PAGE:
Oil release a stop gap solution says IEA
London, June 28, 2011
The IEA's release of oil stocks was a temporary measure to fill a supply gap before extra Saudi Arabian production emerged, its executive director said on Tuesday.
"We are simply saying we will just fill the gap before Opec or Saudi is going to produce supplies for the market," Nobuo Tanaka told reporters. "We are just filing the gap -- we can't continue for ever."
Last week's release of oil from strategic stocks in the West, coordinated by the International Energy Agency, has sparked a sharp response from Opec, still smarting after its June meeting which ended in disarray.
Tanaka said he was in regular contact with leading Opec producer Saudi Arabia, which pledged more of its own oil after the Organization of the Petroleum Exporting Countries failed to agree as a group to raise supply.
Opec Secretary-General Abdullah Al-Badri has called for an immediate halt to the IEA oil release, saying on Monday that he saw no reason for it. That was echoed by Opec president Iran.
Its Opec governor Mohammad Khatibi told an official website on Tuesday that the oil market was balanced and there no need for Opec to call an emergency meeting to reassess supply.
"There are absolutely no concerns in regard to the supply of oil by this organisation," Khatibi said.
The IEA, however, had decided to act ahead of expected tightness, Tanaka said. Its previous two interventions were a reaction to Huricane Katrina in 2005 and a 1991 release due to the Gulf War.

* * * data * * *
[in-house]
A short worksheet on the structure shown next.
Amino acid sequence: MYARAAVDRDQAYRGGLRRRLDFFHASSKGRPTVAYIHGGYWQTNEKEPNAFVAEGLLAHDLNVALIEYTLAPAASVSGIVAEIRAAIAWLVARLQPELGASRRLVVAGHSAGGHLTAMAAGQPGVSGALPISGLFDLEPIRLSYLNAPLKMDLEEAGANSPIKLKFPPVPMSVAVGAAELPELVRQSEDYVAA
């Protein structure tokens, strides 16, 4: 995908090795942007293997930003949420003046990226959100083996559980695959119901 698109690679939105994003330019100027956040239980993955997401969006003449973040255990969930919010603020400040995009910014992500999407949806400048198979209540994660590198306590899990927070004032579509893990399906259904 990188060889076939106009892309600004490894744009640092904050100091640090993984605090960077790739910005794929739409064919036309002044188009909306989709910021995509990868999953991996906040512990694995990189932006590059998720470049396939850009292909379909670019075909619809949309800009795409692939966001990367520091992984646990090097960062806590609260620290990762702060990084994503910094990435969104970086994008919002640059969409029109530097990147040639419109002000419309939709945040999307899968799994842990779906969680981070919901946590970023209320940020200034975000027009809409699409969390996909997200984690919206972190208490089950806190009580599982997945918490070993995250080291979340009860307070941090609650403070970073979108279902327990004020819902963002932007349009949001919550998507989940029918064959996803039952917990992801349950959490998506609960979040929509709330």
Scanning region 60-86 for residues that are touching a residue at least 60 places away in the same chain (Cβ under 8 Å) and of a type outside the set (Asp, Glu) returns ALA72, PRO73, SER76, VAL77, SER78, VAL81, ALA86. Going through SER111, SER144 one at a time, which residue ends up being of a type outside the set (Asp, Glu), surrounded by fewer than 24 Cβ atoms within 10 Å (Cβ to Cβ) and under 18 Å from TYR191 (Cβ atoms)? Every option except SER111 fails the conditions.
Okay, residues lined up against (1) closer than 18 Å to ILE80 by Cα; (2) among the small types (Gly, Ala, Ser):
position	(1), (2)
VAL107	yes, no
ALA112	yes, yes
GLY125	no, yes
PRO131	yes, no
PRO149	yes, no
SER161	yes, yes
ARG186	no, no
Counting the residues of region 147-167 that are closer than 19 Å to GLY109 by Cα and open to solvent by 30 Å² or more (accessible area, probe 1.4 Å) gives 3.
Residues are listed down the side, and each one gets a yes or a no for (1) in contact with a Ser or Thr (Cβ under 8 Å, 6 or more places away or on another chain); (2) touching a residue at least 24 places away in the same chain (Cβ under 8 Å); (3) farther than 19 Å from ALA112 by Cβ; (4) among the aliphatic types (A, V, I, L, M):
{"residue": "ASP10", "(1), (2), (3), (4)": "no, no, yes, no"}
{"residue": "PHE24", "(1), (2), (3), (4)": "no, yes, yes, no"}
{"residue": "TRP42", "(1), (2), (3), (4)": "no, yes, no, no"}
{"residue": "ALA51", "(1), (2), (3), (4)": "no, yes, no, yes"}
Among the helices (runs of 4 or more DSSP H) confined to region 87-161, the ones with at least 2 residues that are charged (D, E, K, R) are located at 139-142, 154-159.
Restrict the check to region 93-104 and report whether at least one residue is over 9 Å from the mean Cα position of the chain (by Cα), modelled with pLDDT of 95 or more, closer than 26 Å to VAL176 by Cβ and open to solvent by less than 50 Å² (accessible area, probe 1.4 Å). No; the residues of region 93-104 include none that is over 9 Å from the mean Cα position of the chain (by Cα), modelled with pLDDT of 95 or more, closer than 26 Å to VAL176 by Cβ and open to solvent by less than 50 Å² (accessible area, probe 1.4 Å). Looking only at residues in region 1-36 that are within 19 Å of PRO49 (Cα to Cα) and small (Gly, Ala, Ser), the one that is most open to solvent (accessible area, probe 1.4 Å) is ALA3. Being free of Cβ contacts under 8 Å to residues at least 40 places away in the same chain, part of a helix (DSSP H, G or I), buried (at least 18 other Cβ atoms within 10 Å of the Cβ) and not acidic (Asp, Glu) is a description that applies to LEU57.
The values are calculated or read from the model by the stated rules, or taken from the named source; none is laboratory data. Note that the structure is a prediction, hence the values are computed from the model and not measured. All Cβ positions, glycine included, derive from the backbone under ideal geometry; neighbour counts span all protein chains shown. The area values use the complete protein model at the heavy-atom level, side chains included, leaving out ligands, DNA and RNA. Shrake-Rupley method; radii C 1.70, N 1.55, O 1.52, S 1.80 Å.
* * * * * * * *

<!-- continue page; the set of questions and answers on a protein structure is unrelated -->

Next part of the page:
"It's a pre-emptive use, in that way this is a new mechanism," Tanaka said. "We decided pre-emptively to move towards seeking a soft landing for the global energy market."
"We are mandated that we can act of course when there is disruption, but also the serious threat of disruption," he said. "Clearly the serious threat is there."
Tanaka said he was confident Saudi Arabia would produce more, as it had pledged, but it might take "a couple of weeks" to reach the market.
"We think Saudi Arabia has about 3 million barrels per day" of spare output capacity, he said.
The IEA was reacting to the loss of Libyan oil exports but the shortage had not been immediately felt because many European refineries had been closed for regular maintenance work in the early weeks of the conflict, reducing demand.
"This disruption from Libya did not come up to the surface, but now we are very sure this tightening of the market will happen in July, August when refinery maintenance is over," Tanaka said.
He reiterated that the current stocks release was for 30 days after which the agency would reassess the market. -Reuters